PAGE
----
I mention those covers because recently I’ve been buying some of them. Specifically issues of Sub-Mariner. On that book the covers lasted from issues 43-56. Fourteen issues. I already have issues 47-51 and 54 so that’s six out of the fourteen. Sub-Mariner isn’t a very desired book and none of these issue are “Key” issues so they don’t go for much money.

Last week was when I decided to look for some of these comics on eBay. There are plenty of them to be found but they are often in bad shape and sellers are looking for more than I want to pay. I ended up looking at a lot of different copies of these but settled on two issues that were fairly cheap and looked in pretty good shape.

I ended up with issues 45 and 46 and I paid, all in, ten dollars for one of them and eleven for the other. Being that there was a five dollar shipping cost the issues themselves were only around five dollars. I got the comics and at a glance I’d grade them at around a 6.5 to 7 out of ten. They both have covers that are in nice shape and that is what I really want. I don’t actually want to read these issues. I just like the covers.

Both of the covers are pencilled by Gil Kane and inked by Frank Giacoia. I like both of them. So now I have 45-51 and 54. Eight out of fourteen. Plus just yesterday I purchased issue 55 for about ten dollars all in. When that gets here I’ll have a ninth one in the set.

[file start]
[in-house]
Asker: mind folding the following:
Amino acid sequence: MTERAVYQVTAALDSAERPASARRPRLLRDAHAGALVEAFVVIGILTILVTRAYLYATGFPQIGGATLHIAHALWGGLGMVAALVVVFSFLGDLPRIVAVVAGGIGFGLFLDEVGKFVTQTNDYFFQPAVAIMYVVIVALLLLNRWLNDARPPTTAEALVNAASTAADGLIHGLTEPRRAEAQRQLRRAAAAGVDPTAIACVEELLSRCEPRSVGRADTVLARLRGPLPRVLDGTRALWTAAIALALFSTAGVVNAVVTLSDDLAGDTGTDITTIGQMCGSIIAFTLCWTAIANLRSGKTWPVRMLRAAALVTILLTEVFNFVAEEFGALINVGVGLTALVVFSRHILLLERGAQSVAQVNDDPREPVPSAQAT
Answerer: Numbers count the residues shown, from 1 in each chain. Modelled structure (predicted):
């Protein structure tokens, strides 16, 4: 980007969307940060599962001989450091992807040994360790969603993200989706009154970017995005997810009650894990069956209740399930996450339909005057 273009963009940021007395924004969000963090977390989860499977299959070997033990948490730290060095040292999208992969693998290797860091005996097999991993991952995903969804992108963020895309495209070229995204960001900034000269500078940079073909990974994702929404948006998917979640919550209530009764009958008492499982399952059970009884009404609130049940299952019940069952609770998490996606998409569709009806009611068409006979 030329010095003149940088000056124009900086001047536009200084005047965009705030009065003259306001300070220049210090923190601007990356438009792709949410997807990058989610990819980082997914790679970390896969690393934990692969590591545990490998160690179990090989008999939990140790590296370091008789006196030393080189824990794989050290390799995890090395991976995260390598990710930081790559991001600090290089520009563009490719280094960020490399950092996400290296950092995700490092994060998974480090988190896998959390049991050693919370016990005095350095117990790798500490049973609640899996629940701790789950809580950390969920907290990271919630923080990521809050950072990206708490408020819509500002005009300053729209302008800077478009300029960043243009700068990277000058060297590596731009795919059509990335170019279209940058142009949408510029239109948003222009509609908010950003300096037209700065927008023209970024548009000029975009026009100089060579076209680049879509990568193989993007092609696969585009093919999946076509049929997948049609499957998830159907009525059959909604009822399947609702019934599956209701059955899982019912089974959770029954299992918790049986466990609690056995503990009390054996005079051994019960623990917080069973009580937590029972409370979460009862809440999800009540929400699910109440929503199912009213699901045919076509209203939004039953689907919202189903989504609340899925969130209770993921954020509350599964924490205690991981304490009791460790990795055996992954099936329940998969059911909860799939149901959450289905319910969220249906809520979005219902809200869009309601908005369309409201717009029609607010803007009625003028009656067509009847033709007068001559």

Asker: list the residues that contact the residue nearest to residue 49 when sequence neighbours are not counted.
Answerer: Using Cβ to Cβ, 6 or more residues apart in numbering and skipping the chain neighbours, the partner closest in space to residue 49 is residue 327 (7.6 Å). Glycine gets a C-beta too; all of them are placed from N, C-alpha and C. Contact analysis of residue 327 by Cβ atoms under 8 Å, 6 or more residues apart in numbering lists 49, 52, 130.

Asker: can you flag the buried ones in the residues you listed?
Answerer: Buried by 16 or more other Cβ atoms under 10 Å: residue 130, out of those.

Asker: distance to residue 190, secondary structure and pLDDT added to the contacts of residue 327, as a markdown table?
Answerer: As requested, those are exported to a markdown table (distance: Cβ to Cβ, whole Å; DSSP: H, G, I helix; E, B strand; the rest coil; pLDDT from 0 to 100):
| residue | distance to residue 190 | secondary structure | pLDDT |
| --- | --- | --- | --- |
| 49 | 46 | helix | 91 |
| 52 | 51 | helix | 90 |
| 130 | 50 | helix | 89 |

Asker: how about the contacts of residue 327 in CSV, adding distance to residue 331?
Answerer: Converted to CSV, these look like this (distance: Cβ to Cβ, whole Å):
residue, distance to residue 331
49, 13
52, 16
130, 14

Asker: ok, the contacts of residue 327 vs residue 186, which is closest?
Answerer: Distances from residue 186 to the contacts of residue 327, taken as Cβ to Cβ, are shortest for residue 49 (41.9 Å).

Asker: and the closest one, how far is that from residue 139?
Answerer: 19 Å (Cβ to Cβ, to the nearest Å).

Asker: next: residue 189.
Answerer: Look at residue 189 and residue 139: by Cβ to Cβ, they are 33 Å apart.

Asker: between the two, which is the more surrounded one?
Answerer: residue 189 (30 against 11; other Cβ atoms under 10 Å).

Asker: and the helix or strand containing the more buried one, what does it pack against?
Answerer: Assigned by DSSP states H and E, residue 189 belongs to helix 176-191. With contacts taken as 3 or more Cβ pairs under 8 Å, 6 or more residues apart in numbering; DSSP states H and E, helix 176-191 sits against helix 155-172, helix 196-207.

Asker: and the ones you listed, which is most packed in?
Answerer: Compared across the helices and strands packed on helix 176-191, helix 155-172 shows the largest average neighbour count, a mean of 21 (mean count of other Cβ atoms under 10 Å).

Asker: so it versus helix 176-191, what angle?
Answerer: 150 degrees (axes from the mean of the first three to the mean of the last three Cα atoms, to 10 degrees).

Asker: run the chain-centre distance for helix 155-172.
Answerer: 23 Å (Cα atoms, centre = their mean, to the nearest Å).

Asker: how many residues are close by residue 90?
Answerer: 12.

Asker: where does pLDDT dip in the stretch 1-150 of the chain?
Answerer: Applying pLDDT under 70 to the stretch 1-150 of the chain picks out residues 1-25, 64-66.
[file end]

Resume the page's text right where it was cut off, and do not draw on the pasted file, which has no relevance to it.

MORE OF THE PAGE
Now for the big purchase story. Well, relatively big. I mentioned up top that Sub-Mariner 48 was one of my all-time favorite comic book covers. It is and so I decided to see what a graded and slabbed copy of it would go for. That’s when someone pays a company to grade their comic and then put it in a tamper resistant archival plastic container (a slab). That makes it easier to buy and sell high-end comics.

I don’t usually buy slabbed comics since I’m much more of a reader than a collector but sometimes I do buy them. Usually they are cheap and even odd misfit slabbed comics. I find them to be conversation pieces.

I saw a slabbed copy that was an 8.5 and looked good. It had a price on it of $100 plus another $25 in tax and shipping. I didn’t want to spend that much but it had a “make me an offer” button and so I did. I offered $80 and the offer was automatically rejected. That happens when the seller has a minimum in mind and sets it up to automatically reject any offers below that minimum. So I said, “Oh, well” to myself and put it out of my mind.

Then two days later an offer showed up form the seller for $82.50. It was just $2.50 more than I was willing to spend two nights before so I gave it a little thought and then pulled the trigger. It cost about $105 dollars all in but I had the money and wanted the conversation piece. The copy I have had since childhood is actually in good shape but the 8.5 slab is in even better shape. It’s fun to look at. And sometimes I just need a little fun. And some Marvel Tenth Anniversary comics.